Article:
First off, on the practical issue of how to set up an LED, let's not forget that this is usually a straightforward matter. The original question is why doesn't all the voltage drop over the resistor. And that is a deeper question than what resistance should be put in series.
So, as to the practical issue. Current running through an LED will induce a voltage across the device. LEDs have the behavior that the voltage developed across the device stays about the same regardless of current, roughly about 2 Volts. So they don't as like a resistor, where voltage is directly proportional to current. The rules of circuit analysis is that voltage drops across the circuit equal to the supply voltage. Another rule of thumb is run your LEDs at 10 mA. Thus, a resistor and LED in series with a 5V supply will have 2V across the LED and the Voltage across the resistor will have to be 3V. (3+2=5). Since there will be 3V across the resistor and you want 10 mA running through the circuit, E=IR; 3=0.010R; R=300. So with 5 volt circuits you see the experimenter with 330 1/8 Watt resistors, since 330 is a standard resistor value. If you go with more modern 3-3.2 V logic, you will want 100 Ohm resistors. The 10 mA drive current is selected because it gives LEDs are usually bright enough at that drive and 10 mA is way below the absolute maximum of 20mA, which is how a lot of LEDs are rated. This will work any of the colored LEDs you want.
For the deeper question of why doesn't all the voltage over the resistor, you may have heard someone tell you that the LED acts like it has no resistance, just develops a voltage. Then, knowing that zero resistance has no voltage drop I could see that you'd think all the voltage should drop over the resistor.
An example of a device that has a voltage without resistance is a capacitor. When there is a charge on the capacitor there will be a voltage. To limit the speed of the current into the capacitor a resistor can be placed in series. Of course, as the current flow there is a voltage across the resistor, but there is a voltage but no resistance acorss the capacitor. As the current charges the capacitor the voltage drop across the capacitor increases and the current drops until the capacitor reaches the voltage of the current supply. This is the basic RC circuit that you will learn about some time.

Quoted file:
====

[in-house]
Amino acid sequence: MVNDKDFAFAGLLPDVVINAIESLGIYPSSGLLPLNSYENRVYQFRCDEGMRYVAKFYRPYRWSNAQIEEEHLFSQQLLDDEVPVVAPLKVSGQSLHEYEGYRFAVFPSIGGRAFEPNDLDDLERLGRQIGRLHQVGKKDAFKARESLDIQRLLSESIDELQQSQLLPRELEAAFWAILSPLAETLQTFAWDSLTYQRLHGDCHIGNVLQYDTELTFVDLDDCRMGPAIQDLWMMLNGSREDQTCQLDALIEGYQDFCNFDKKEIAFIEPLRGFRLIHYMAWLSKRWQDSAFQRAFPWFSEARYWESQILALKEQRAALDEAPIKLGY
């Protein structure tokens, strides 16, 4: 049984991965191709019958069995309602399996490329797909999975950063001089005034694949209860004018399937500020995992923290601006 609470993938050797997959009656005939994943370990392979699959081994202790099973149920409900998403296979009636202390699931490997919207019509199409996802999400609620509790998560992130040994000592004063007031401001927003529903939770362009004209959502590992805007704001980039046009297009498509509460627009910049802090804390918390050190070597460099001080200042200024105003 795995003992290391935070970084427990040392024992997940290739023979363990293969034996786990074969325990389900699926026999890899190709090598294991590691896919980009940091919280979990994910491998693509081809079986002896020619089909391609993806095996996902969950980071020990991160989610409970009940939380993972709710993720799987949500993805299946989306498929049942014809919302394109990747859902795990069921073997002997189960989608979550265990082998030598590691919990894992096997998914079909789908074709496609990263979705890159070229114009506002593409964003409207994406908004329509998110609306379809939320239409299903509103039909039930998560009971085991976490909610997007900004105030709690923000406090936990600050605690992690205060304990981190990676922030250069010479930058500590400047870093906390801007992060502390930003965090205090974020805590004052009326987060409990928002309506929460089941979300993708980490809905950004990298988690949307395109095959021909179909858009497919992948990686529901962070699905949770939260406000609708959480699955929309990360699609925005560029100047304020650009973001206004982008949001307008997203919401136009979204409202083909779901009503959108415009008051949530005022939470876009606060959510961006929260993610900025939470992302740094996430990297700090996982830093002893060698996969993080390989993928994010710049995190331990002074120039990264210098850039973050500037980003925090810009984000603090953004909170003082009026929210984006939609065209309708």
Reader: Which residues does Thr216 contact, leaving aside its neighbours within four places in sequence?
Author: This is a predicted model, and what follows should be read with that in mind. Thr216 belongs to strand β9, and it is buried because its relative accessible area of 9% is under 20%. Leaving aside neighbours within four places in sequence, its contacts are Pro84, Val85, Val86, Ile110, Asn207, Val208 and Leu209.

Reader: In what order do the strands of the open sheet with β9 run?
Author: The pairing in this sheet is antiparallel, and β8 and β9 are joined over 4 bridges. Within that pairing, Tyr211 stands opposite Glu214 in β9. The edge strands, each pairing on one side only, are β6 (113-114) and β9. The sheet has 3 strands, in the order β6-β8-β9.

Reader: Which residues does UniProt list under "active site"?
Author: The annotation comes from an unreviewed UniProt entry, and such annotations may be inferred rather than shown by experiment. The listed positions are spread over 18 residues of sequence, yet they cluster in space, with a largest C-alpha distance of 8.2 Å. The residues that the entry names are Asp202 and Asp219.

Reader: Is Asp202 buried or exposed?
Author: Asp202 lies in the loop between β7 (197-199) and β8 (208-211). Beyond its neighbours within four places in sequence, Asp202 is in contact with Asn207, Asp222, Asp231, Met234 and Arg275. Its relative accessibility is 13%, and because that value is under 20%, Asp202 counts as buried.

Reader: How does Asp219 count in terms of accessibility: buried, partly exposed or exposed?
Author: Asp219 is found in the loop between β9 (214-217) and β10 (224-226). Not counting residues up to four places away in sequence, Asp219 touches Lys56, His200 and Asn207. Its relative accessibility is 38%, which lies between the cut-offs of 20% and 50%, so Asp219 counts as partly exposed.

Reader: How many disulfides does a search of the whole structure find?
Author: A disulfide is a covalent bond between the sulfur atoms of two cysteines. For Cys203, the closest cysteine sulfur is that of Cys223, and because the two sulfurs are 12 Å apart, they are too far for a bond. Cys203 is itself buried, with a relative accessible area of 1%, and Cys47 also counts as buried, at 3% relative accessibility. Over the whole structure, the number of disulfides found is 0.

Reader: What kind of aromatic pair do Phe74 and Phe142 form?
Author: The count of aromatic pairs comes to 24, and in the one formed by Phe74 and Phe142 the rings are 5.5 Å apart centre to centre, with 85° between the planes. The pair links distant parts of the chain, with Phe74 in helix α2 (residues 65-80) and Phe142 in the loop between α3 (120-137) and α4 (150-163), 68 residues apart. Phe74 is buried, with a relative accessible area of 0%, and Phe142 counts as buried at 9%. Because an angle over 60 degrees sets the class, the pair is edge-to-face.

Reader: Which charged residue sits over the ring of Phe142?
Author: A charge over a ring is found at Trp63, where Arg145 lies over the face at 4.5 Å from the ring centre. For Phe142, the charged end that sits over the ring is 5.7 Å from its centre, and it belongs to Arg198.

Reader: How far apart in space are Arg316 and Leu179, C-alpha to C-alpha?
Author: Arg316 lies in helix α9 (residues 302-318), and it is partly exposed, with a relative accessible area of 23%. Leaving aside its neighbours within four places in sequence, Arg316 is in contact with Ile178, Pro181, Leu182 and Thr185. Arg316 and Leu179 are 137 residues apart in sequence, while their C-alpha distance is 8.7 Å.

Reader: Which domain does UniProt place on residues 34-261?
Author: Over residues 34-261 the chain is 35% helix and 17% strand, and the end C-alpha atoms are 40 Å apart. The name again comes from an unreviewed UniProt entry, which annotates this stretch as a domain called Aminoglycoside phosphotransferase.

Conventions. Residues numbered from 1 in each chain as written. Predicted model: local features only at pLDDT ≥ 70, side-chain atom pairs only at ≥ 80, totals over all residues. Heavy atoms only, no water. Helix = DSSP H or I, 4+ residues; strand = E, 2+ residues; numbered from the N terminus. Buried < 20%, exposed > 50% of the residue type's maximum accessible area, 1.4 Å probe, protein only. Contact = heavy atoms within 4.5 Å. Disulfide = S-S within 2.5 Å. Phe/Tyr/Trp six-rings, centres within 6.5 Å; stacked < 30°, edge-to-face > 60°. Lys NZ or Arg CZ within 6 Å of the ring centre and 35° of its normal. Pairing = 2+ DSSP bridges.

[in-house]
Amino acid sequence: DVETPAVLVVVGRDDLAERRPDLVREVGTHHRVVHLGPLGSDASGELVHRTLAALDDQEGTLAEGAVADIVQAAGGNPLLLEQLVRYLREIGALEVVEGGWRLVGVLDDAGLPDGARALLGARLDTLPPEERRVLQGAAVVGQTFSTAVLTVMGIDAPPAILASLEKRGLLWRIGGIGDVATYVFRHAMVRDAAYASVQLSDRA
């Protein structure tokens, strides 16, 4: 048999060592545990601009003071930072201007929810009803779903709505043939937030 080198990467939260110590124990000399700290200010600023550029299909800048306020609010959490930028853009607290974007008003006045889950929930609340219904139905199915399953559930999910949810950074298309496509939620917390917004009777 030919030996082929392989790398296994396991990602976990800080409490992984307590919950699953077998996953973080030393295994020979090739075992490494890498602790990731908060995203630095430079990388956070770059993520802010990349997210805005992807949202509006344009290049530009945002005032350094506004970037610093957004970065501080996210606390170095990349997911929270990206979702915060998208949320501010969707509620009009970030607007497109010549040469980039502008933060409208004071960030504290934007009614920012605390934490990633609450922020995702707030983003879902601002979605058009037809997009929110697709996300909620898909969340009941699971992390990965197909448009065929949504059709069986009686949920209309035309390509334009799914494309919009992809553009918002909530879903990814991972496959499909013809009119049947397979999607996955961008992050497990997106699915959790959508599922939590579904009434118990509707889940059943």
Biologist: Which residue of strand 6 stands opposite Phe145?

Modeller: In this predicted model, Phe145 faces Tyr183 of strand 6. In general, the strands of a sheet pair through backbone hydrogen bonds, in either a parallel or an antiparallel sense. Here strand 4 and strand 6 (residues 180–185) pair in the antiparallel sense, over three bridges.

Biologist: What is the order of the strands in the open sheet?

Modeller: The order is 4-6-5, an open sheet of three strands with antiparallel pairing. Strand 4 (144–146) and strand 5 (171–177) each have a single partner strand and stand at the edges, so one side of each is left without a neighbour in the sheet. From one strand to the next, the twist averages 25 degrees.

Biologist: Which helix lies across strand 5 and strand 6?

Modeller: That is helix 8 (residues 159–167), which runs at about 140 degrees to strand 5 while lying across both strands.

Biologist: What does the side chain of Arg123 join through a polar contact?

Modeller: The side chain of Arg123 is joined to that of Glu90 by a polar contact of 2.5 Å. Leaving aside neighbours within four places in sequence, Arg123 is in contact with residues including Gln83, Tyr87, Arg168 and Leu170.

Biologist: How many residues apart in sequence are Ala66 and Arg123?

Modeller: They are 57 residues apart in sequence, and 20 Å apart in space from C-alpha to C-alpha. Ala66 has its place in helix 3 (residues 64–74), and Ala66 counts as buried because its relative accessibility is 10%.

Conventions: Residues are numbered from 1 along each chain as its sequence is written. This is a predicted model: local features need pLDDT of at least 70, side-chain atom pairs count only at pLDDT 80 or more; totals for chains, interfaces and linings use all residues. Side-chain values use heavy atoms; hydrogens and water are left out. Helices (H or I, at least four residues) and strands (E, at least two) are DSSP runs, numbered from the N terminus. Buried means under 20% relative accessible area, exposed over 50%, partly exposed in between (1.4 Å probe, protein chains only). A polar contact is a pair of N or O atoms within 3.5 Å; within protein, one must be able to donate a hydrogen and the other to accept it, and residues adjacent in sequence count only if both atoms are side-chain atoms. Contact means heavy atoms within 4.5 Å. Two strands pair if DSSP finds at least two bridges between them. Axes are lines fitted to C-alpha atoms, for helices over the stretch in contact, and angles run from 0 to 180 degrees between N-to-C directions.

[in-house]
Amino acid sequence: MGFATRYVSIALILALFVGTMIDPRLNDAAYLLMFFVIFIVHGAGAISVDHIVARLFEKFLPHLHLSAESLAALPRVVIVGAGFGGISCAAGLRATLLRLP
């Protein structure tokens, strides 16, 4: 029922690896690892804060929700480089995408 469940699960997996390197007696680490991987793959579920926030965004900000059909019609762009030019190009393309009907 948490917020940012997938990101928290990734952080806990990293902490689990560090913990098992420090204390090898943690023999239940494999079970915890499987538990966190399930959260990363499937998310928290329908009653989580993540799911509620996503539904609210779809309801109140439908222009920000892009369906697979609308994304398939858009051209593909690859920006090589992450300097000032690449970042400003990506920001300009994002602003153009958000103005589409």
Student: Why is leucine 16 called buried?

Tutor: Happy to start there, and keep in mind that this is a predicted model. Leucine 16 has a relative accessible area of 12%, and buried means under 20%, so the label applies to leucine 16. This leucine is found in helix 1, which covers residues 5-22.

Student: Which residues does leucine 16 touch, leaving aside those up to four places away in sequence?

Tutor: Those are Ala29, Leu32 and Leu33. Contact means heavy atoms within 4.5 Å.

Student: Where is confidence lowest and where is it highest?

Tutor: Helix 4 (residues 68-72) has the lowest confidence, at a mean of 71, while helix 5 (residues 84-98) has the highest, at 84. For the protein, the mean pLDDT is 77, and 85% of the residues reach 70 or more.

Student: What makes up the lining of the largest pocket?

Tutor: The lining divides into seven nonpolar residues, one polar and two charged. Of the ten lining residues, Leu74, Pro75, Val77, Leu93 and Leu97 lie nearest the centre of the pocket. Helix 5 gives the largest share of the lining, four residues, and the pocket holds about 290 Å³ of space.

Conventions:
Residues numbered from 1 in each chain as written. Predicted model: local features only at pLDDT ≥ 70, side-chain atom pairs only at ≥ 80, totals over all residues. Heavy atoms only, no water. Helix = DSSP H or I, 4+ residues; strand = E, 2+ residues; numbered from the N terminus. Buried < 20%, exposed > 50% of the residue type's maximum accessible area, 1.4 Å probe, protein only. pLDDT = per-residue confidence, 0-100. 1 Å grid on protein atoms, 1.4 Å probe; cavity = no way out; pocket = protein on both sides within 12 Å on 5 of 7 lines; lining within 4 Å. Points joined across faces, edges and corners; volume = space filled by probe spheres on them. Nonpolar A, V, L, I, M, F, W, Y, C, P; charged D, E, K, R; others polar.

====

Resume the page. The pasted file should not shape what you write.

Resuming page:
The nature of the LED is to maintain a roughly constant voltage regardless of current. This is true of any diode which is forward biased and with current flowing. This forward voltage drop is a relative constant regardless of current. The LED is special because it glows! But is just a forward biased diode in usual use. If you wanted you could build a rectifier out of one, but they aren't too useful as a rectifier due to the high voltage drop and limited current flow. That doesn't mean there is no resistance. After all, if an LED has 2V over it and it is passing 10mA, it is acting as if it has a resistance of 200 Ohms. t is interesting that if you drop the current to 5 mA the voltage is still about 2V, so the LED is acting like a 400 Ohm resistor. That's right, the LED acts like a variable resistor serving to maintain voltage over the device at about 2V.
There have been some simplifications in the above discussion. In truth, the forward voltage increases slightly as current increases. At a current of 0.1mA forward voltage is 1.7V, 1mA/1.8V, 10mA/1.9V in one datasheet I pulled up. Also, the forward voltage can vary quite a bit, from 2V to up to 3V in some LEDs even with the same part number. The rule of thumb of driving the LED at 1/2 to 3/4 maximum current generally gives satisfactory results and long life.